If you are reading this column before the front page, it may just have saved you from falling for this year’s April Fool’s Joke. Yes, that is what the story headlined “Hidden ‘benefit’ found in vaccine” was.
This newspaper apologises for choosing such a serious, important yet sensitive subject, but to work well the joke must usually be both current and topical, which the current COVID-19 vaccination process certainly is. There is no intention whatsoever to contribute to misinformation already out there, merely to observe the time-honoured tradition of having a good annual laugh on this date. After all, what is life without some humour?
Not so funny was the reaction in today’s edition from the Employers Council to the much-discussed petition sent to the United Nations (UN) on behalf of Parliament. In their letter addressed to Prime Minister Silveria Jacobs, with copies to the Council of Ministers, parliamentary faction leaders, Dutch representative in Philipsburg Chris Johnson and Governor Eugene Holiday, four organisations that represent a big part of St. Maarten’s private sector and its dominant hospitality industry – particularly in terms of jobs – have made crystal clear their strong objection to the course of action taken by 12 of the country’s 15 elected representatives.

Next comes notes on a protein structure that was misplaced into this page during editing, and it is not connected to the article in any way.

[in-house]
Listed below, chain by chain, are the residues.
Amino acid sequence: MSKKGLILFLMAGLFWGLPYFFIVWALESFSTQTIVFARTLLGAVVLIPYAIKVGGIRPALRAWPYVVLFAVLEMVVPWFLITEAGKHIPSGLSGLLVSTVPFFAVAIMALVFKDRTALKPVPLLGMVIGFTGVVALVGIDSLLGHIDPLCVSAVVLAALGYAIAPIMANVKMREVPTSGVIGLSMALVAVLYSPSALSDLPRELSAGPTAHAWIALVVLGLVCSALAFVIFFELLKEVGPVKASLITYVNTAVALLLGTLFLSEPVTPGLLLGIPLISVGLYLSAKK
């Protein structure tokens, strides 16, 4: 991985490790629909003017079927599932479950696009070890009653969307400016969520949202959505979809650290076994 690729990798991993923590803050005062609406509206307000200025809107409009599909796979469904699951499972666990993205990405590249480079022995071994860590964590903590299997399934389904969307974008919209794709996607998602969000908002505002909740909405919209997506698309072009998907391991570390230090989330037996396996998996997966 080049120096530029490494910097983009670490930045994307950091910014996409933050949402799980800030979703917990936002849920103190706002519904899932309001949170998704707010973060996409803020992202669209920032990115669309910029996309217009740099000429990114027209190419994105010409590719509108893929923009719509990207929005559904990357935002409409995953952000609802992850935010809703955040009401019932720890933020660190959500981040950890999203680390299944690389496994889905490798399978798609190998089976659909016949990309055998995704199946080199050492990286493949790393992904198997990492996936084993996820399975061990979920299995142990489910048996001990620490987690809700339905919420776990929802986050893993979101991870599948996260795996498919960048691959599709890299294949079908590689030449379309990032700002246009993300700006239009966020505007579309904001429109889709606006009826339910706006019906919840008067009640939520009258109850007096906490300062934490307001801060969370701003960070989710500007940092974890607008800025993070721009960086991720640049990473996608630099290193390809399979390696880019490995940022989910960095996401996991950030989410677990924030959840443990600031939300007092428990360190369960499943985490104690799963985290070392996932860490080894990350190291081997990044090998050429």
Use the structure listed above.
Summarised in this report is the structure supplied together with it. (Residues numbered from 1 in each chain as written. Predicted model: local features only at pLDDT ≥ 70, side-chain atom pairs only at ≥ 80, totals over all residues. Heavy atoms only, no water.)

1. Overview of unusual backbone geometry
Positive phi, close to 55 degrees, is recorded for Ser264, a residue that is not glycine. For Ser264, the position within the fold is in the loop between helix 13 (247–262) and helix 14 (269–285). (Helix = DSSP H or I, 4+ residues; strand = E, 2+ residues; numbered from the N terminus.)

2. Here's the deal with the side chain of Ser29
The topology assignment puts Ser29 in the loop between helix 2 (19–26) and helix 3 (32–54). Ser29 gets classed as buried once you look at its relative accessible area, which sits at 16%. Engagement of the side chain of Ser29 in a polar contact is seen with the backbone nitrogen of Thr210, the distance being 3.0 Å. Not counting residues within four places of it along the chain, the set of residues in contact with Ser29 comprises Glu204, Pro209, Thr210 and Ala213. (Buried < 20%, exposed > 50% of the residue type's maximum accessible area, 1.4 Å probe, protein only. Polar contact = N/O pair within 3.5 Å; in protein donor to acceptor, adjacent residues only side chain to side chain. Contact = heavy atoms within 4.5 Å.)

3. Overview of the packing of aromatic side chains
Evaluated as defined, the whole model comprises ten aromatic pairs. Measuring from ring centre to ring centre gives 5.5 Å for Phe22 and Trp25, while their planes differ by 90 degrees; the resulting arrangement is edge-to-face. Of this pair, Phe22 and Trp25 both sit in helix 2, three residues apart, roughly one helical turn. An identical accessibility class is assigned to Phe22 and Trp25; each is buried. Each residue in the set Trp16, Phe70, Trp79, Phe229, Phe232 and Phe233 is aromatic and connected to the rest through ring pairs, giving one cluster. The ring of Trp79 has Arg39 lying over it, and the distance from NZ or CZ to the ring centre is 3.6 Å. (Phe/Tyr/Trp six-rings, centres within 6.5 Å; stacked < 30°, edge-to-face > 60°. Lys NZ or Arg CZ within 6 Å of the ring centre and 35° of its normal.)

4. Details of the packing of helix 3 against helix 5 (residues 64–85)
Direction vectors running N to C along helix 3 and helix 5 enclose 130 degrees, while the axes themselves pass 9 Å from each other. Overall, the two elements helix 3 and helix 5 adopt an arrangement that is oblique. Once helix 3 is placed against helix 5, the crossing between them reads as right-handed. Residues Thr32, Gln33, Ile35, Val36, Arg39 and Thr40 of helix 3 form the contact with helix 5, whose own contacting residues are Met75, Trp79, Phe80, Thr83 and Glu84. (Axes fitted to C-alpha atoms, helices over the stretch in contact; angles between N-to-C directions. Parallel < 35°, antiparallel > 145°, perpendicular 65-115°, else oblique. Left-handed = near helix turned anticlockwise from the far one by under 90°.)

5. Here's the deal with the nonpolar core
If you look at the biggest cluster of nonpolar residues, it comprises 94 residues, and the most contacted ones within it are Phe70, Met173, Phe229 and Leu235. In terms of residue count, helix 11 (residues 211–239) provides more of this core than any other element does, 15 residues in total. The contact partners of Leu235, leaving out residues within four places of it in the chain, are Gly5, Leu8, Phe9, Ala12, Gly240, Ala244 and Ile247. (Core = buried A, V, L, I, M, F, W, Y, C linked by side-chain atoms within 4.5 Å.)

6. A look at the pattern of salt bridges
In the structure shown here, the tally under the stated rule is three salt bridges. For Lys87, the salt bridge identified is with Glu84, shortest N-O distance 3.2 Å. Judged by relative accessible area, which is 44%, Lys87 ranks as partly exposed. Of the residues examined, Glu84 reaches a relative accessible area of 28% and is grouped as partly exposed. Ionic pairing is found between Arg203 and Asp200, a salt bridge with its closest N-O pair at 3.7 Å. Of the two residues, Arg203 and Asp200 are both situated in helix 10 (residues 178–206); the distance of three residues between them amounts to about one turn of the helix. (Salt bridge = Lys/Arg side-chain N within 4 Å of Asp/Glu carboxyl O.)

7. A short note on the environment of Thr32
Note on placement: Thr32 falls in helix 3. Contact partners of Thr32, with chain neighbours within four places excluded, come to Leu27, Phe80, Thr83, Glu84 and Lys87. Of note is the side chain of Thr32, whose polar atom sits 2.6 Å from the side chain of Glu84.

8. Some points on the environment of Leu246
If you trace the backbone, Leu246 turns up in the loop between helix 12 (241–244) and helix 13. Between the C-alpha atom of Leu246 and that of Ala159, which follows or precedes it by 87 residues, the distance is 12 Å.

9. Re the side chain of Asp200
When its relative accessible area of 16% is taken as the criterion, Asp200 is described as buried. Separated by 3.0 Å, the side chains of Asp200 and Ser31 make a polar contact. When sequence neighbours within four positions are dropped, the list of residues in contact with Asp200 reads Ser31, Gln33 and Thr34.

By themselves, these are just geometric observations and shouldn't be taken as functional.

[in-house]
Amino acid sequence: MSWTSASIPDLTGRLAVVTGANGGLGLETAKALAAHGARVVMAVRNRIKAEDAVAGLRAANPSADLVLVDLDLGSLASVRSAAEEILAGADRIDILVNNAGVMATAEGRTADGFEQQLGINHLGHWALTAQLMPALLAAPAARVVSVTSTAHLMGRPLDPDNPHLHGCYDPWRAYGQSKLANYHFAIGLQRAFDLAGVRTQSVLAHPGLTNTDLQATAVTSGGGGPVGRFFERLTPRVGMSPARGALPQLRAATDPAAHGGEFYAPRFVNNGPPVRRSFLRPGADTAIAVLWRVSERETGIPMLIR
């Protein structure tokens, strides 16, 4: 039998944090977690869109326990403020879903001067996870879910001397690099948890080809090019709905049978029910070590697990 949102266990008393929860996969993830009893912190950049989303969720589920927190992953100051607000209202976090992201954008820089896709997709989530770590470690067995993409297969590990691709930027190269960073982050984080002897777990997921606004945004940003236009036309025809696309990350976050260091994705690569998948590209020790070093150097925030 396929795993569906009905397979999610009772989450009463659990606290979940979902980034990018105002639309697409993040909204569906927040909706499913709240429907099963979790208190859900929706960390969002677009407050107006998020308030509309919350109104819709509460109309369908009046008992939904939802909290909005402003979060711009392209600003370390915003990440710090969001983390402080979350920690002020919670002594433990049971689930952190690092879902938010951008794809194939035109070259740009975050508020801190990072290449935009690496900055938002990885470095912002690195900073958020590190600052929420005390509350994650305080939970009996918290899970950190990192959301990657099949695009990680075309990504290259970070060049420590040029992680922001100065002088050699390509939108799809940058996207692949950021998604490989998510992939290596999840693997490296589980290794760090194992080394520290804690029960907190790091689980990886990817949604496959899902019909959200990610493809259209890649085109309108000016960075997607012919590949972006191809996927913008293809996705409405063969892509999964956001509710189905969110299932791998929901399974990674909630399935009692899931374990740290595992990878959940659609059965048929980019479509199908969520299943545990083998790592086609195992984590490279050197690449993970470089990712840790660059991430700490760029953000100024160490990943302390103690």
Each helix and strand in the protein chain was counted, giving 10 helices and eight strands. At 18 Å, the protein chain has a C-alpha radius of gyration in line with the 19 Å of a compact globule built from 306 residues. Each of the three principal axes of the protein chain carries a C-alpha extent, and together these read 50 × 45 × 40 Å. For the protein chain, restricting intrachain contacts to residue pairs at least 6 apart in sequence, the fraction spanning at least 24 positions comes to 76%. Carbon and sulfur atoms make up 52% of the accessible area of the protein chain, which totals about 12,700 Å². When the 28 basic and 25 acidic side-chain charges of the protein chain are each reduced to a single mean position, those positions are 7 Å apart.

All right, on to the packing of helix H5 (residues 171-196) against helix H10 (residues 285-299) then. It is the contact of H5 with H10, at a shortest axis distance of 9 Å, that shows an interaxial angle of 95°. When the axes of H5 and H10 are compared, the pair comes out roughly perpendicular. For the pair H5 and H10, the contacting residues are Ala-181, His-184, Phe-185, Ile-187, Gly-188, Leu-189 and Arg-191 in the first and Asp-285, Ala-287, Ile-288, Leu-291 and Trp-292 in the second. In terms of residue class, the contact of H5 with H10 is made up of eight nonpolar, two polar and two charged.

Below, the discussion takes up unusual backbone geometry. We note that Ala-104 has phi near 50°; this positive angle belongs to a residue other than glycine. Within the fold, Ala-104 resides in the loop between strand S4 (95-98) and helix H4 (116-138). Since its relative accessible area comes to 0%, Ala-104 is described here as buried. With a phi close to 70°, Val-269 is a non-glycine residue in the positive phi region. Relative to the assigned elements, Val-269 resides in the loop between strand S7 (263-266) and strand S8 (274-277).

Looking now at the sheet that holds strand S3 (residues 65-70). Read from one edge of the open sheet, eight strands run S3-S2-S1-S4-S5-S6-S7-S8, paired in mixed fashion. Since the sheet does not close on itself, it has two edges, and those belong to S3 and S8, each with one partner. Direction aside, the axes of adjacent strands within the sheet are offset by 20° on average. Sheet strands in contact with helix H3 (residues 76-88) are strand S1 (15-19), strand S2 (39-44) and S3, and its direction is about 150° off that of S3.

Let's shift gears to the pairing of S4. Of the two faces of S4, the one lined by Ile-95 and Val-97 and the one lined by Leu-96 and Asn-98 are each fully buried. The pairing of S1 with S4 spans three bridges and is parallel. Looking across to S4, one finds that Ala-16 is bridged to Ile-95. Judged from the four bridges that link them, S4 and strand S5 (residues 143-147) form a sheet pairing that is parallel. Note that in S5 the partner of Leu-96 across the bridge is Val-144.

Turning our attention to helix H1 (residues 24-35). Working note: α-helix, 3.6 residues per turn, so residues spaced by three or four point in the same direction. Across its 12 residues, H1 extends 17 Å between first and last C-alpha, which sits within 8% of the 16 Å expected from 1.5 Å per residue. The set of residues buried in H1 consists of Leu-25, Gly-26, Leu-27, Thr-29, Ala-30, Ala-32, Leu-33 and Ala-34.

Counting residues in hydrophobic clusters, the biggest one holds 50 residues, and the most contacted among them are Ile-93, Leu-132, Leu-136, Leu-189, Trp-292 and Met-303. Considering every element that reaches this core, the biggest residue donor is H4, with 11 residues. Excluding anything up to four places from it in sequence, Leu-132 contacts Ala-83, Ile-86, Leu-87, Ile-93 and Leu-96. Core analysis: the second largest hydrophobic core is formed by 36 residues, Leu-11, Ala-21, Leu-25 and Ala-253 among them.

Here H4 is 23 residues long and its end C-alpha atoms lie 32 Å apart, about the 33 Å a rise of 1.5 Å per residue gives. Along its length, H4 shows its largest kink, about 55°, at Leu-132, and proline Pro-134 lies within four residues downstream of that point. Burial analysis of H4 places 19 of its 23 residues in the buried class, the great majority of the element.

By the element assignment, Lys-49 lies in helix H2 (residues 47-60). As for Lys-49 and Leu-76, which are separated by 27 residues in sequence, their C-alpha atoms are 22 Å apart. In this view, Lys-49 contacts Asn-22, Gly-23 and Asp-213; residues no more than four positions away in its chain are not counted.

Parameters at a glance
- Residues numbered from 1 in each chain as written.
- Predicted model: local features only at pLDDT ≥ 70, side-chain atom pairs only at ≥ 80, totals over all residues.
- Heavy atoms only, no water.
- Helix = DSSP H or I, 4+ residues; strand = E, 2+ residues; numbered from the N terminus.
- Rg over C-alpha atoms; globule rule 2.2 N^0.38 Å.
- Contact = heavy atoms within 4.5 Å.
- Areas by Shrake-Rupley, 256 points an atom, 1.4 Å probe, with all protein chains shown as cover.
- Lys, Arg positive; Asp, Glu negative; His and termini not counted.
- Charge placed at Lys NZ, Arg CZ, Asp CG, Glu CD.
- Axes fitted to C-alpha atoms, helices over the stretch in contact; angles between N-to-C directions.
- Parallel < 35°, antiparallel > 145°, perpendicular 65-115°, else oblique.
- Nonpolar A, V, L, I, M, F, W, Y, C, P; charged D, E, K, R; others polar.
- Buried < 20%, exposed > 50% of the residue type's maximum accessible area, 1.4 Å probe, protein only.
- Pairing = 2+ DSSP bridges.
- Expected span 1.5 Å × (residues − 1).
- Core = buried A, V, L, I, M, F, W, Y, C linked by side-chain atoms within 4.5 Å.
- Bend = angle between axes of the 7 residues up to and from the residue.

Nine of these are part of the NA/UP governing coalition backing the Jacobs Cabinet and it seems high time they straightened this matter out on a political level, also because it threatens to quickly erode their own support base including many people and businesses already in need. This is no longer just an issue for the legislature, but a rather pressing one of national interest to the entire population and their leaders, including those in the executive branch of government.